Sewing needle can make the job a little easier, but it isn’t necessary for doing this project.

Dream catcher webbing1. First, tie the string to the hoop.  Then, wrap the string around the hoop as shown.  You want the string to wrap around it’s self to help hold it in place. I didn’t do this on my first dream catcher & I found it difficult to maintain the tension that I wanted on each stitch.

2. Work your way around the hoop.  Keep in mind the more stitches you have around the loop, the smaller the stitches will be. This is neither good nor bad, but just a different look.

3. Now, you are going to work your way around the hoop a second time. This time, you want to place your stitch on the section of sting between the first stitch and theplace where you tied the string on.

4. Continue working your way around the hoop making stitches between the stitches of the previous round. Look at the arrows on image 3.

5. Keep going around the hoop making stitches between the two stitches above it until you can’t go any further or you decide you are done. Tie the string in place.  You may want to use a tiny dab of glue or clear fingernail polish to help secure the knot.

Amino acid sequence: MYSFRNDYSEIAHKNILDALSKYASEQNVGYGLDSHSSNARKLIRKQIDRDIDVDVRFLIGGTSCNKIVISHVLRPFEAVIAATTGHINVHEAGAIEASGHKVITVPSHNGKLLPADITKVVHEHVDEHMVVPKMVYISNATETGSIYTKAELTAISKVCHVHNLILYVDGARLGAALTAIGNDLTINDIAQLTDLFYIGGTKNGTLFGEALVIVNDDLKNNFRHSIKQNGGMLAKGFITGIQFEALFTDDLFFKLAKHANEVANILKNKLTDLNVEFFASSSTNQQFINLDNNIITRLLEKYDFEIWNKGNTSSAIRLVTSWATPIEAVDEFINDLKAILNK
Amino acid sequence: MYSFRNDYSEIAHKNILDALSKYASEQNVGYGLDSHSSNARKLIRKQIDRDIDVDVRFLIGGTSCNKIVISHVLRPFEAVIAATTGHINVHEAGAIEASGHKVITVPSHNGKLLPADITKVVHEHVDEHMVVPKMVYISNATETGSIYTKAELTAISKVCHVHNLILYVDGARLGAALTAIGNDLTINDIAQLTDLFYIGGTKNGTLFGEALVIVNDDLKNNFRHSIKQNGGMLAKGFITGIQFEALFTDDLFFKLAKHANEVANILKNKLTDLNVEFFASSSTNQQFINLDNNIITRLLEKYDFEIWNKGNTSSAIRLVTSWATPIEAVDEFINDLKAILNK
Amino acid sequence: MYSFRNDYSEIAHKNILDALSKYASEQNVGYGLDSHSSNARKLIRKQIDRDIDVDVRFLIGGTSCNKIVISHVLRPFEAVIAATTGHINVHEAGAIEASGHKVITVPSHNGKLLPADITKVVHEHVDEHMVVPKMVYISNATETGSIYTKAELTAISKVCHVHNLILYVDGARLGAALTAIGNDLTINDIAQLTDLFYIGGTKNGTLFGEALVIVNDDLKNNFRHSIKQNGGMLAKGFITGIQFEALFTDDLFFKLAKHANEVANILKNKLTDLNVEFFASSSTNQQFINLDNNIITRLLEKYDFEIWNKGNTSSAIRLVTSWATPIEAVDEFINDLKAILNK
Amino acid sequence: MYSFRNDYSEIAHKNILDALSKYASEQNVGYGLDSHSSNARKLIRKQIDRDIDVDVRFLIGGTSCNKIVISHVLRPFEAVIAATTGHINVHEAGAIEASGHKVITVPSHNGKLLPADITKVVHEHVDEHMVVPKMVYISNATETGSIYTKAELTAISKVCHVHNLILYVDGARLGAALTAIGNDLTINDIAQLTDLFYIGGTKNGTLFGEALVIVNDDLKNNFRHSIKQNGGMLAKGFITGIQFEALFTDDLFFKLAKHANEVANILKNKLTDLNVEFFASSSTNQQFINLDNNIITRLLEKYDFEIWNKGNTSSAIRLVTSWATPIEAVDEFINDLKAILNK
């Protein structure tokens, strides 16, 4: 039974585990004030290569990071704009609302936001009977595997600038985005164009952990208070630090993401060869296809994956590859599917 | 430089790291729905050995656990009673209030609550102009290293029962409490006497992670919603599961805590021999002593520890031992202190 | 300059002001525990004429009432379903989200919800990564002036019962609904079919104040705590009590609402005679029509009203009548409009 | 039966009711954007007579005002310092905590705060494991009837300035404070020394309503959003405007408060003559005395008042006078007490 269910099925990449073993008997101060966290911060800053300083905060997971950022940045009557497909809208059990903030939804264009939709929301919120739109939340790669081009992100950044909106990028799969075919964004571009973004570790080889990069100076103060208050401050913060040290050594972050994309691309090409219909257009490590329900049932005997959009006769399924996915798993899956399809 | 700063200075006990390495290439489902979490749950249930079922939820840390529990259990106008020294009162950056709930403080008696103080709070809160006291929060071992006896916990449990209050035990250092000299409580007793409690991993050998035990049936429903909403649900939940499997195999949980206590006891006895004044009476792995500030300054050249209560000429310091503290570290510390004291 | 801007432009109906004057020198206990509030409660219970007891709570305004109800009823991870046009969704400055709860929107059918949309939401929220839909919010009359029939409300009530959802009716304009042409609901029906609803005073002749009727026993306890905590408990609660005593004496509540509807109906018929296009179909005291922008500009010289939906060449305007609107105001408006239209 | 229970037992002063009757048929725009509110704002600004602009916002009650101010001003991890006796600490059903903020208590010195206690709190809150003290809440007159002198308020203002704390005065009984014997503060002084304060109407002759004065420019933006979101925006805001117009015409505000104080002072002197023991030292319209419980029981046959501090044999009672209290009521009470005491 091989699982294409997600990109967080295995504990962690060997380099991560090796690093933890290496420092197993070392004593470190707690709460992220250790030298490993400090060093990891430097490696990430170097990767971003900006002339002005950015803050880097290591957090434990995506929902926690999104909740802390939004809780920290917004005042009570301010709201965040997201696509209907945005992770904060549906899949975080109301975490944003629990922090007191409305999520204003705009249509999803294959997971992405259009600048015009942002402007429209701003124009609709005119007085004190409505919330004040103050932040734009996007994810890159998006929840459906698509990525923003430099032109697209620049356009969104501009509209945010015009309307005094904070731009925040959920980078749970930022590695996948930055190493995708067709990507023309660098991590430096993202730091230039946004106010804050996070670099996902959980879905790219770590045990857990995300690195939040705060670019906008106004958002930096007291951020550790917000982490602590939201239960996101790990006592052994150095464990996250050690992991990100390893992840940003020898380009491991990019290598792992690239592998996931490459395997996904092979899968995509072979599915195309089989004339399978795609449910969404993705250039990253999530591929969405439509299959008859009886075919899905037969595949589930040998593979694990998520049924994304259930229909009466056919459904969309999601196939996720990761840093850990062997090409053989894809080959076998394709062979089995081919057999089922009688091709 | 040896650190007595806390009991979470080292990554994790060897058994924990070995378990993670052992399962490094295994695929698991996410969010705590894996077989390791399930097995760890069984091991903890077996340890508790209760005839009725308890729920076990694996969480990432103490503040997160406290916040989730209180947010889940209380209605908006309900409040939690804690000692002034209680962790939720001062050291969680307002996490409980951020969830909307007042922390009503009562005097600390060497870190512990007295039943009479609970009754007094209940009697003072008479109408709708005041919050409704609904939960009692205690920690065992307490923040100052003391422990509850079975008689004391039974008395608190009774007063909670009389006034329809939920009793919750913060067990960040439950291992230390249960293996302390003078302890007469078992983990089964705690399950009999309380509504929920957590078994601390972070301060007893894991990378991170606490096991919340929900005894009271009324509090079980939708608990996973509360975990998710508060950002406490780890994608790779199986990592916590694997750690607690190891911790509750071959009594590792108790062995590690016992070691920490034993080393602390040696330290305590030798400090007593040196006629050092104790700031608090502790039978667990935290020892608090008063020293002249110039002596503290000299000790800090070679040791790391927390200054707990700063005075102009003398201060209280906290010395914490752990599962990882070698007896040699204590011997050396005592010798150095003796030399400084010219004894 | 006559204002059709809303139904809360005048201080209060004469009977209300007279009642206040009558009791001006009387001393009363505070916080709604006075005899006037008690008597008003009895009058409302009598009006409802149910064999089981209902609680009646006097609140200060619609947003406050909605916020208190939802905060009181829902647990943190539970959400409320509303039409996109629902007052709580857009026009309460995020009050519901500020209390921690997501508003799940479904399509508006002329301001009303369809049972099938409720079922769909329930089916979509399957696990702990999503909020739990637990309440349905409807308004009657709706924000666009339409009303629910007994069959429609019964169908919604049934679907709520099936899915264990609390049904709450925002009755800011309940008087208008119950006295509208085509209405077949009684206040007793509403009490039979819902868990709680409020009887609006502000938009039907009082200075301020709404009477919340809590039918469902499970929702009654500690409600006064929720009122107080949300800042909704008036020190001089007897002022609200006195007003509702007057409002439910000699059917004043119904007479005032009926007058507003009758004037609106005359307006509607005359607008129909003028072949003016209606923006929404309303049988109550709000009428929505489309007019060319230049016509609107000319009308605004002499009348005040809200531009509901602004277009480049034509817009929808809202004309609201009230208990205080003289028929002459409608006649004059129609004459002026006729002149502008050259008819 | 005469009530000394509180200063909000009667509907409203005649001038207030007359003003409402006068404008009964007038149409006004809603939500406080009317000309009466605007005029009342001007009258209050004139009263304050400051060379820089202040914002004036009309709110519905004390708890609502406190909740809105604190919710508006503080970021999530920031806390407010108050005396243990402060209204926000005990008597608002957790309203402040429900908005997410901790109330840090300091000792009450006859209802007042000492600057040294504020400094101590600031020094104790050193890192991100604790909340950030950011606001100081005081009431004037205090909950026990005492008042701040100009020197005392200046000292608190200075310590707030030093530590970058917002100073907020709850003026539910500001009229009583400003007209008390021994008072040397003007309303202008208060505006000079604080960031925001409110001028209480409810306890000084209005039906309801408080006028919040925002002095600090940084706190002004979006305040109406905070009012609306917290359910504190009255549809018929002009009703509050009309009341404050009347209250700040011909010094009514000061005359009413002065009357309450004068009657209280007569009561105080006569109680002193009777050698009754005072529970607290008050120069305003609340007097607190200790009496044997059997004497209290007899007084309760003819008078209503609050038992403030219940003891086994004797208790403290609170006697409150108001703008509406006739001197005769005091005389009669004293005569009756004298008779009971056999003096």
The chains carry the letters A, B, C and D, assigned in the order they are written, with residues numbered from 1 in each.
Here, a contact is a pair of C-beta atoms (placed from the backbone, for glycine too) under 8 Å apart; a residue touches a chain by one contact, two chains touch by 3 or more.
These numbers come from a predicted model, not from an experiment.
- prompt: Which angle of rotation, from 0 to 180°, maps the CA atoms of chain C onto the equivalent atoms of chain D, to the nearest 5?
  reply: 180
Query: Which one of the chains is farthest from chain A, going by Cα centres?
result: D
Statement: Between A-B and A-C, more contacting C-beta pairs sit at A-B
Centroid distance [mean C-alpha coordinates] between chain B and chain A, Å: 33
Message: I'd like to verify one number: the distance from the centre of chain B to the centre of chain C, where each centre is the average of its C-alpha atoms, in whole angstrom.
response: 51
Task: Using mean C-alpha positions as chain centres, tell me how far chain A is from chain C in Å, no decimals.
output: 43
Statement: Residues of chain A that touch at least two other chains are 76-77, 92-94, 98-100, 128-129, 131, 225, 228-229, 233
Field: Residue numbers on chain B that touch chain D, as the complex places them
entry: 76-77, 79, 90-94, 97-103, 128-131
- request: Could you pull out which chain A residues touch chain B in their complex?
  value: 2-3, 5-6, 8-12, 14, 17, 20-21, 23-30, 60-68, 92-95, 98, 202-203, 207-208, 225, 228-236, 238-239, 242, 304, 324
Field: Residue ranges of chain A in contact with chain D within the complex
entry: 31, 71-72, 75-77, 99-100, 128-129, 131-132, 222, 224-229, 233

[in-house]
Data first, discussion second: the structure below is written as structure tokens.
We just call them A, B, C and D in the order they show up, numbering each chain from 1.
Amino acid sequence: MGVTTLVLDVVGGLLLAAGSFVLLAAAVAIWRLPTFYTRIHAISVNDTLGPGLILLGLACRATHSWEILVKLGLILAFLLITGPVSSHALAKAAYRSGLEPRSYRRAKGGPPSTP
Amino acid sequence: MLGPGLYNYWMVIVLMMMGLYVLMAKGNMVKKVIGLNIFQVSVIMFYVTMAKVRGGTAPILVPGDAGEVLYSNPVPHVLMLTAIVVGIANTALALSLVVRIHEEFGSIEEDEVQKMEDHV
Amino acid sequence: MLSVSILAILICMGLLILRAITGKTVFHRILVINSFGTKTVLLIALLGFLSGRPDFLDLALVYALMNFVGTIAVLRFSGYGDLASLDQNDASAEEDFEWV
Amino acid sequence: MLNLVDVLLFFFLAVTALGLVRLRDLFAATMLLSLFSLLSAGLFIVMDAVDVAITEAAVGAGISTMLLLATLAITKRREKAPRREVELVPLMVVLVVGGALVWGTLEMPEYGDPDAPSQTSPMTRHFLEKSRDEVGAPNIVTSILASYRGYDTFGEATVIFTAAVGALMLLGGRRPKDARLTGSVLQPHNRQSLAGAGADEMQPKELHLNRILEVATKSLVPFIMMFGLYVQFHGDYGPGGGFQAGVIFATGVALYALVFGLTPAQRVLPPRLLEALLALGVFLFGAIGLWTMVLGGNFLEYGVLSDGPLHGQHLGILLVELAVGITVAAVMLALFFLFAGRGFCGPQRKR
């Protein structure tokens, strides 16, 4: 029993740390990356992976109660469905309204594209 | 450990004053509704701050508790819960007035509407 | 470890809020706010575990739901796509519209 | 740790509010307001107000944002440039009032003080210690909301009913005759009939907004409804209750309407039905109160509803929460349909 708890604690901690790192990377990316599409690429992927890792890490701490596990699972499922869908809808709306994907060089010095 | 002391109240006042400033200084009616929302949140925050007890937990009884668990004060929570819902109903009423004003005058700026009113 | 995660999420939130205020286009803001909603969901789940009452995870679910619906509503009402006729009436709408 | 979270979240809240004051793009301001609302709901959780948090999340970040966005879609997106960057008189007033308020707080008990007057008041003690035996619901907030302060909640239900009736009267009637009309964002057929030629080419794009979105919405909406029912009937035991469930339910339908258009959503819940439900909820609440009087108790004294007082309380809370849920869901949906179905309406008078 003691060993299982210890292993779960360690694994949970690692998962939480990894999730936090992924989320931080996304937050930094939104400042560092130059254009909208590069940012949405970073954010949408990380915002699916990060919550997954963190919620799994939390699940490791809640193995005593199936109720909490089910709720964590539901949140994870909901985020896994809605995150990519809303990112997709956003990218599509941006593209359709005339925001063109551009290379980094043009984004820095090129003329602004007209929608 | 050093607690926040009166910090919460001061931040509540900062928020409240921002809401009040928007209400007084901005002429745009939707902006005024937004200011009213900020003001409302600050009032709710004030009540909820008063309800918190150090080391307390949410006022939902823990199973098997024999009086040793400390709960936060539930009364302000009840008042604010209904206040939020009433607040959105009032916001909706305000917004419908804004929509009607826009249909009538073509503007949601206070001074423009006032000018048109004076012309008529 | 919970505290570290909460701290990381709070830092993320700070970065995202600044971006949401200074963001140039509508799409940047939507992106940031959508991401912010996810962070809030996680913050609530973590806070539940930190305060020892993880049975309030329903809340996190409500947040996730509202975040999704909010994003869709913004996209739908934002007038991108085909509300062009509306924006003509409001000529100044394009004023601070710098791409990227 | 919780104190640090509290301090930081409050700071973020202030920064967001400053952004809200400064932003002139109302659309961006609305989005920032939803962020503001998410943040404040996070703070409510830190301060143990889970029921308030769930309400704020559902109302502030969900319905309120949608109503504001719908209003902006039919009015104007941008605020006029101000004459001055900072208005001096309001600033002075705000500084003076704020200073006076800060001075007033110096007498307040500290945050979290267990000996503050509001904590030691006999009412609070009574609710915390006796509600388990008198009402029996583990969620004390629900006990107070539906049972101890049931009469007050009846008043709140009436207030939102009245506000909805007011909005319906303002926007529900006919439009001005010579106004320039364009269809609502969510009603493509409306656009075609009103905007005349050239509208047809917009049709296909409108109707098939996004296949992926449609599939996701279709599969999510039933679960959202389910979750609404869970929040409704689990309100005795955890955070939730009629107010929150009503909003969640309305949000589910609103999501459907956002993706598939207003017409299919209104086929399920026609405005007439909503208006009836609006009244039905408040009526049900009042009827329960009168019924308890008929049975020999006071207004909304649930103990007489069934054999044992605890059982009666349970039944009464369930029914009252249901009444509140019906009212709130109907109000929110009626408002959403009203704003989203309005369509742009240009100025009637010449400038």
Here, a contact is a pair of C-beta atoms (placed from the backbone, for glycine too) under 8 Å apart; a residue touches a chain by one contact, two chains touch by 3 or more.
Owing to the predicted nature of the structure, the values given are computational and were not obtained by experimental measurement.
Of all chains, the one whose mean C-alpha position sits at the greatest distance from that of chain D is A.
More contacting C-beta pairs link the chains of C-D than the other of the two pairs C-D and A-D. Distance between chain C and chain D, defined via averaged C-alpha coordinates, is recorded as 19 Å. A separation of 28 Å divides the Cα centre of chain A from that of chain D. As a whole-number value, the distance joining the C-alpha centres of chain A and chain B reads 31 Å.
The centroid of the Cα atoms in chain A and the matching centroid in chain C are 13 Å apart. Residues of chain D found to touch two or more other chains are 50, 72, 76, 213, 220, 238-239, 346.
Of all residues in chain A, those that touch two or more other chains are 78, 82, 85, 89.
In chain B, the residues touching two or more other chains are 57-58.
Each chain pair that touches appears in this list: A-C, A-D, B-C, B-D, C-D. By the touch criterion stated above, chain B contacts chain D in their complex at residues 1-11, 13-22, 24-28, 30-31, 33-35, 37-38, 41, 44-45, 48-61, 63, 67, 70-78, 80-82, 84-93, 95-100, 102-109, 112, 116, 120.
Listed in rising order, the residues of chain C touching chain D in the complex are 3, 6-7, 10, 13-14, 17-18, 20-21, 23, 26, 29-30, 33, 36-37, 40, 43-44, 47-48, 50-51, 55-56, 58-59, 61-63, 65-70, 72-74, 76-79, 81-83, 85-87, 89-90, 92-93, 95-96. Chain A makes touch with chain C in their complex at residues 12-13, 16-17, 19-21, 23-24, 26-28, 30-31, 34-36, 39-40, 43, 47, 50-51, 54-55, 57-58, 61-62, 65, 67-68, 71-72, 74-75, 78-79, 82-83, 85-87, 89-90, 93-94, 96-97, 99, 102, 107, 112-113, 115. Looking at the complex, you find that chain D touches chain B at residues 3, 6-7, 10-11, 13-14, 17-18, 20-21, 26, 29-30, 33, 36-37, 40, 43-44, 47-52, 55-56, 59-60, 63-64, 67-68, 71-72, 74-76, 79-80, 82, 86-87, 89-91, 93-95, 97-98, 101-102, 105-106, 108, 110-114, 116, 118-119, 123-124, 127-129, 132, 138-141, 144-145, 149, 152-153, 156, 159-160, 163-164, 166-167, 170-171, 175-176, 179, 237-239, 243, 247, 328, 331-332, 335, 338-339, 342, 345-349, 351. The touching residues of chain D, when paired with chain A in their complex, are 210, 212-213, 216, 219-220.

WebbingThere are several ways to get creative with the webbing. Here you can see the difference having more or less stitches around the hoop.  You can also add tiny beads anywhere you like by threading it onto the string & holding it in place as you work the next stitch.  Another idea is to switch colors as you go.

From here the possibilities are endless. Try wrapping strips of leather, or fabric around the hoop, or painting the hoop. Tie different ribbons, & yarns onto the bottom & sides. Tie feathers, stones, sticks, dried flowers, charms, anything to the ribbons.

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Dream Catcher Kits are now available in my shop!

Sick Days

I just love it when the kids at school are so willing to share . . .